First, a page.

Ikea is now selling solar power systems and home battery packs in the UK, claiming people who sign up to the system can save up to £560 a year.
The Swedish retail giant says that by installing supersized batteries on their walls, homeowners can store the power generated by solar panels, most of which is never consumed by households.
While homeowners have long been encouraged to install solar panels on their roofs, prices have come down in recent years and the installation of lithium-ion batteries to store the energy is a newer phenomenon.
Ikea said around 60 per cent of the energy generated by panels is returned to the grid instead of being used by households, and more if a property is unoccupied during the day. By saving energy in batteries for use at night, it says bills can be cut by up to 70 per cent.
Ikea has started selling the systems on its website after partnering with solar power company Solarcentury. Installation is more complicated than the DIY flat-pack furniture assembly its customers might be used to, with potential buyers picking out the corners of their rooftops on Google Maps and installation taking three weeks and upwards after a survey.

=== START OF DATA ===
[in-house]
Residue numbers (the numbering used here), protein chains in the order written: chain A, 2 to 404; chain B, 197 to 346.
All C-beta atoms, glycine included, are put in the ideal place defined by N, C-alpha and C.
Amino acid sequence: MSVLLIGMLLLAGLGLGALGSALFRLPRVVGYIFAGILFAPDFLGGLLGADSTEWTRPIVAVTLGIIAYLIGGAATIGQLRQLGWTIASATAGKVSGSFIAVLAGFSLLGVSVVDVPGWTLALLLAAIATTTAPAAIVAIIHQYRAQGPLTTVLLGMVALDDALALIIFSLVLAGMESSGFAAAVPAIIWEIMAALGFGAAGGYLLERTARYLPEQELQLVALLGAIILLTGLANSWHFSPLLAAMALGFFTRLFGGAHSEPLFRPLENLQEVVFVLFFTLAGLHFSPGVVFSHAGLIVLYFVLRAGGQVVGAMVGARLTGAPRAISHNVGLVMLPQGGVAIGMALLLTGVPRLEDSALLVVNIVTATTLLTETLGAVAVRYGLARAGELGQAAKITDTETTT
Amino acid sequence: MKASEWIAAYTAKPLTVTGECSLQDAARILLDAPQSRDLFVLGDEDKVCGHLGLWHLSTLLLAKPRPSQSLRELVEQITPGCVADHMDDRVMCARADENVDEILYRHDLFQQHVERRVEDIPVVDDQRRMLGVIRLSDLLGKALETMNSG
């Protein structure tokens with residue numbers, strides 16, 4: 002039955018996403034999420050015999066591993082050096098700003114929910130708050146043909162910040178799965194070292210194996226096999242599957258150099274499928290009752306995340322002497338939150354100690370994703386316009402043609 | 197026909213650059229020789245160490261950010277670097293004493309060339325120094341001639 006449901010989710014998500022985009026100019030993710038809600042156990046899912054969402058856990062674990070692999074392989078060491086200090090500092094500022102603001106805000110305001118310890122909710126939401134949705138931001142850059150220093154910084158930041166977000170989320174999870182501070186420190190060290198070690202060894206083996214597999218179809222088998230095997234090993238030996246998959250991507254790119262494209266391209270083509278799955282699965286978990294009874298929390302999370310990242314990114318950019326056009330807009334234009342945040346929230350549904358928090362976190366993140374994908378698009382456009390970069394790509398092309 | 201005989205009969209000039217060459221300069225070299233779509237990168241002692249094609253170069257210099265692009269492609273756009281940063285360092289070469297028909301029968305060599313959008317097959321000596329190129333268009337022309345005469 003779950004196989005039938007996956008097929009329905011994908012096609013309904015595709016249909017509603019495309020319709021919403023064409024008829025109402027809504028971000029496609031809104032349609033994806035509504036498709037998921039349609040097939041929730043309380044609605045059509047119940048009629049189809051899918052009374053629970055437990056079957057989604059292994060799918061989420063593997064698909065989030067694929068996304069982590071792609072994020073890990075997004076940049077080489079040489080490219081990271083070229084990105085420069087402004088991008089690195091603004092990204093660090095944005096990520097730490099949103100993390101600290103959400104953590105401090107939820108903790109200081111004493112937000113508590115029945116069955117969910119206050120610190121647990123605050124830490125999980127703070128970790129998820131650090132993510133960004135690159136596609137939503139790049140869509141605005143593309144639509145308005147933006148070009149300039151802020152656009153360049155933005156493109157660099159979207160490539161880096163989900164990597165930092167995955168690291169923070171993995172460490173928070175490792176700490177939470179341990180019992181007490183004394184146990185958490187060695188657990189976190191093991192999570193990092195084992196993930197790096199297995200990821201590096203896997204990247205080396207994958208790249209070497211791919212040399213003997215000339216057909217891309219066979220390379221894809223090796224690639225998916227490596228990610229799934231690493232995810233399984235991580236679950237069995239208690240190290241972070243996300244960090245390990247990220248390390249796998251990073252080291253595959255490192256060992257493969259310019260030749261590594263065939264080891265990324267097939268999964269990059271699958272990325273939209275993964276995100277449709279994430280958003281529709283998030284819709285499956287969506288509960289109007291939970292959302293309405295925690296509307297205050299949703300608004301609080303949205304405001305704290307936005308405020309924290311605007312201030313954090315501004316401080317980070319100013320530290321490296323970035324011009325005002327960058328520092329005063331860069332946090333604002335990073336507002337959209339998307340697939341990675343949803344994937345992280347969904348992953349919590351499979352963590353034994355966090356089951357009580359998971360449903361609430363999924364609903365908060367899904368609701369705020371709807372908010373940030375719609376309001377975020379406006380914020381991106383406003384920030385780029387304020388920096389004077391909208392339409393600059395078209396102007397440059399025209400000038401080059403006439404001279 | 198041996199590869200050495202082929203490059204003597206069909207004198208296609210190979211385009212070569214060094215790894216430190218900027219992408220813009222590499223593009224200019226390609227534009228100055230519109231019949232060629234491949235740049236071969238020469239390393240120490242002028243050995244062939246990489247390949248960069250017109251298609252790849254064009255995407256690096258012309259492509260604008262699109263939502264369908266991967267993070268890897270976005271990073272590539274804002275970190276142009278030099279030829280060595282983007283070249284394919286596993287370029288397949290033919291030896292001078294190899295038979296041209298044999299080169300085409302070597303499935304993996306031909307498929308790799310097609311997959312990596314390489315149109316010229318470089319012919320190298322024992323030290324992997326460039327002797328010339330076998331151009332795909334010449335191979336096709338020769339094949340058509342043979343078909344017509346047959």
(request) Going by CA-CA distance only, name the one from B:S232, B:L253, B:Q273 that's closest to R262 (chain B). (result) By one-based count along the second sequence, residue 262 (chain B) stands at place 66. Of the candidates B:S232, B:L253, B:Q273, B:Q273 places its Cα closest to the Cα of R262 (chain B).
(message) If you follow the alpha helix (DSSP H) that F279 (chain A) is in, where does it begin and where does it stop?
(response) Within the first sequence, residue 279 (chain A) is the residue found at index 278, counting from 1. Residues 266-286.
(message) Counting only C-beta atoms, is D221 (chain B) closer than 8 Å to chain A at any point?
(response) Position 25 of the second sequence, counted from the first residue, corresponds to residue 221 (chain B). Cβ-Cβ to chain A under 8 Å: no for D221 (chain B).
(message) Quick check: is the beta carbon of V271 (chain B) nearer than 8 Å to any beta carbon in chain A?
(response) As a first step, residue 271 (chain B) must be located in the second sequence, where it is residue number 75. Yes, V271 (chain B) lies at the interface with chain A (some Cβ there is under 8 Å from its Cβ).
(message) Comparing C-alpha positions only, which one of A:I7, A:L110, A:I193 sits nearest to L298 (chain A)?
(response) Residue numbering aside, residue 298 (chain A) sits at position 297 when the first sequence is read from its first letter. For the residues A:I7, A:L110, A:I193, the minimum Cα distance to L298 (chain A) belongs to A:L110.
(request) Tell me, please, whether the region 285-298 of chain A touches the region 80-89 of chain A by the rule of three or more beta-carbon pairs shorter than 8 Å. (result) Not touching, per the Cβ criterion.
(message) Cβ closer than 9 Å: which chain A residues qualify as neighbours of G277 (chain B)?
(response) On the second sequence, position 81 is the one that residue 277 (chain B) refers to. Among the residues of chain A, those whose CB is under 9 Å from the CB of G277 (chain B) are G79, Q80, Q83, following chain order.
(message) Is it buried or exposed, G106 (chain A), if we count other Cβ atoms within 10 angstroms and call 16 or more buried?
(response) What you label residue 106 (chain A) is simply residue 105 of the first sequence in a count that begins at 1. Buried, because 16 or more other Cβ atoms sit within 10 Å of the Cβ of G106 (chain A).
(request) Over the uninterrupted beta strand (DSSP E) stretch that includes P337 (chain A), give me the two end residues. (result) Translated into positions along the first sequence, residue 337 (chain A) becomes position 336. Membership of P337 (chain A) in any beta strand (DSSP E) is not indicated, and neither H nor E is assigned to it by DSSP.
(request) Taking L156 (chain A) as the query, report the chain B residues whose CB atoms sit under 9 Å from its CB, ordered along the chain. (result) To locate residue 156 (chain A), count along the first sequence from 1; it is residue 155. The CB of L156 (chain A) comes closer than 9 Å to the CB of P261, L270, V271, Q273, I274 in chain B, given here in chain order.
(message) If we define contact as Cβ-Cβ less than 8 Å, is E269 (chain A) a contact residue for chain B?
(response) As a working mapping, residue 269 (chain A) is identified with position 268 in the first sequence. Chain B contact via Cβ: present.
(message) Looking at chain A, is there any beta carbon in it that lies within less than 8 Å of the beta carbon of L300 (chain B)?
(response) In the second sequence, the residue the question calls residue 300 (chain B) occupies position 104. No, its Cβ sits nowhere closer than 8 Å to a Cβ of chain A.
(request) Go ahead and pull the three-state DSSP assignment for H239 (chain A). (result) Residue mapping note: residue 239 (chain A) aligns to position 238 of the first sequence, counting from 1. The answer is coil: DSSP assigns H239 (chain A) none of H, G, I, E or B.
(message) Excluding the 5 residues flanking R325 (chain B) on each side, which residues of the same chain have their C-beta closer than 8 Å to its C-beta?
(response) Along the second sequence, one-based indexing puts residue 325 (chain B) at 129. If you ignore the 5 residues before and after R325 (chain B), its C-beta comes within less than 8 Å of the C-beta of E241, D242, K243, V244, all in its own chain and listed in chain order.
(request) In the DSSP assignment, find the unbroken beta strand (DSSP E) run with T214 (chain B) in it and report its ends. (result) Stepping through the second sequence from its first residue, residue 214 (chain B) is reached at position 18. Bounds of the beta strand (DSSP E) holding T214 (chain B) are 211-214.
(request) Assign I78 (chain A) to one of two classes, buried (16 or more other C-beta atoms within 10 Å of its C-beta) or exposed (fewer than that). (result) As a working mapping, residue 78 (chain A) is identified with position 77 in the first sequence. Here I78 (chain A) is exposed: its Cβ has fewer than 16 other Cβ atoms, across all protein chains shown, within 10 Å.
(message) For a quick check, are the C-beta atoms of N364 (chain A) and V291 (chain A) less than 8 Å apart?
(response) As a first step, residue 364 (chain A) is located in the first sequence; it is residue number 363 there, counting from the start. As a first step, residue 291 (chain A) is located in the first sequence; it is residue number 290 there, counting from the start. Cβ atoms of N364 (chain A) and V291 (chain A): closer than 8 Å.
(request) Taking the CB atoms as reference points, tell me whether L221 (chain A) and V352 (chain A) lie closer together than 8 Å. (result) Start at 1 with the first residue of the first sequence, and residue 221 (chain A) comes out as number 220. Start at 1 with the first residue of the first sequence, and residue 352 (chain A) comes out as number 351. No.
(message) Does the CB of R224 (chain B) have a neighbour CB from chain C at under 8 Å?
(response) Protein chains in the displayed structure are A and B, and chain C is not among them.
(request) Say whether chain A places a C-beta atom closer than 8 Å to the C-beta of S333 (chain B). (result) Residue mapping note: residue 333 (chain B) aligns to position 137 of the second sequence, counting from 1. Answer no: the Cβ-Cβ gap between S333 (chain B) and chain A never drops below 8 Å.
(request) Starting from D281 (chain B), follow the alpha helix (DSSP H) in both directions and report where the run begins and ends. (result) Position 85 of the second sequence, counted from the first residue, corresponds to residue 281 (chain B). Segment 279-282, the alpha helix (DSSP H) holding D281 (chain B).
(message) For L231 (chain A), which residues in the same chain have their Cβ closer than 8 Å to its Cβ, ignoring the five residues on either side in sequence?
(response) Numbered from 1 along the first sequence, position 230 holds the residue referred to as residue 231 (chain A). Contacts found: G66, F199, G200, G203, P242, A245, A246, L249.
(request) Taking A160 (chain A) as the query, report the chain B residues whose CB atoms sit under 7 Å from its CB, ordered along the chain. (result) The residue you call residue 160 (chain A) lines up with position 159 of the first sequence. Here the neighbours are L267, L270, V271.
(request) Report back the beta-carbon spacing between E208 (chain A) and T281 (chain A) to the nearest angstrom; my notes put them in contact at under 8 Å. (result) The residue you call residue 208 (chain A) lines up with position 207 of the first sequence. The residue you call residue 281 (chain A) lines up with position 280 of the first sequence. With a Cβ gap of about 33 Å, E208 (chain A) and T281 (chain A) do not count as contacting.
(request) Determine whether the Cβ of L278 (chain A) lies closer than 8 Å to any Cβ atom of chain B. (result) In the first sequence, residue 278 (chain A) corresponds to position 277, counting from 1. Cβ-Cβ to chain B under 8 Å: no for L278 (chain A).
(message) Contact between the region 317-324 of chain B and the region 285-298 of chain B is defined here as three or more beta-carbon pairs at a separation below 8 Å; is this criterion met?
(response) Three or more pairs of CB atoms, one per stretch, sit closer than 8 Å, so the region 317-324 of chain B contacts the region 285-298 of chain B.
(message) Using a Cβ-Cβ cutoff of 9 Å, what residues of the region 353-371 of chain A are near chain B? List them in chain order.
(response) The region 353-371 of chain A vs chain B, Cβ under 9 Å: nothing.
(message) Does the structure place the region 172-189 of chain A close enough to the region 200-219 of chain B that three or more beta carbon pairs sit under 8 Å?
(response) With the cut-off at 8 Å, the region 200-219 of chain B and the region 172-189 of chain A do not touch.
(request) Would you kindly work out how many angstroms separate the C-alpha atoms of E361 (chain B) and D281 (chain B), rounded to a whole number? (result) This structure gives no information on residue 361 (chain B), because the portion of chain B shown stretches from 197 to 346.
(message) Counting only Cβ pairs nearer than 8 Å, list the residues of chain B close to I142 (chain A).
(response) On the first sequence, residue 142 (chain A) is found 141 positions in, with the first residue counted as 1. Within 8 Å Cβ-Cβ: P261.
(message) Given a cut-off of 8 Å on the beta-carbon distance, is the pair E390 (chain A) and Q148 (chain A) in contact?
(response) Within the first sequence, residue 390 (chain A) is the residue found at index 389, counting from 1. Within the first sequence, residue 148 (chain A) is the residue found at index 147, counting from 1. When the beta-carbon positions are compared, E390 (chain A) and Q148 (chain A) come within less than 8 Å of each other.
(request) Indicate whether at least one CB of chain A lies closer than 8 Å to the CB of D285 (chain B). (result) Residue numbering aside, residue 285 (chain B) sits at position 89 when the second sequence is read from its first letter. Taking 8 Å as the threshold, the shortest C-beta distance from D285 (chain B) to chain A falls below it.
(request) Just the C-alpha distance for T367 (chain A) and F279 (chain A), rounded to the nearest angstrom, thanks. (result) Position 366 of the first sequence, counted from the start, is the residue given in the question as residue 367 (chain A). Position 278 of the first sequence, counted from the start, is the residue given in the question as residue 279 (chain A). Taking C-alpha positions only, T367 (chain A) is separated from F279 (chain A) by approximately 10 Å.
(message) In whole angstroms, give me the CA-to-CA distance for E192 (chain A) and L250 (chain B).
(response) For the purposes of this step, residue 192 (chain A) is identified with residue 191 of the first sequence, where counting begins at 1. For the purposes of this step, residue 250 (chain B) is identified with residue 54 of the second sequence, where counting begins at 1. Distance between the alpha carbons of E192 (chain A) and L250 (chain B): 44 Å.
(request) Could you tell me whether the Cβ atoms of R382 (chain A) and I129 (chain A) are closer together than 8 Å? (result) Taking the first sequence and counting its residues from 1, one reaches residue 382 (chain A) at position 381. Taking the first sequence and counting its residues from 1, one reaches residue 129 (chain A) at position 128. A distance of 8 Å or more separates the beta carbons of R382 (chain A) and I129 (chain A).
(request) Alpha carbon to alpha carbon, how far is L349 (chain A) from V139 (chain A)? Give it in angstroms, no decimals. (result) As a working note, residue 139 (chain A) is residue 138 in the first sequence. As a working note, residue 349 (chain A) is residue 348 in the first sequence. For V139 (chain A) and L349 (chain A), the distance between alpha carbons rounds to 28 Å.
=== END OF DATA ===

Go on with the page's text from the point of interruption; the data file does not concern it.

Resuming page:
Ikea says the batteries cost £3,000 and up, although included as part of a solar panel system brings that up to £6,295, meaning it will take 12 years to recoup the investment. Prices can rise above £10,000 for larger panel installations.
Last week, the Government announced that it would invest £246m in battery technology to power a revolution in energy storage.
Tesla, the electric car company run by Elon Musk, sells a similar “PowerWall” battery system and has unveiled plans to sell solar panels that look like roof tiles, claiming it will change the world’s energy infrastructure.
“We’re always looking for ways to help customers take positive actions at home for both the environment and their wallets,” Hege Saebjornsen, Ikea’s country sustainability manager for UK and Ireland said.
“With energy bills already going up 15 per cent this year, there’s never been a better time for customers to take back control of their electricity bills and maximise their savings by switching to solar and solar storage.”
This week, British Gas said green taxes were partly to blame for a major increase in electricity prices.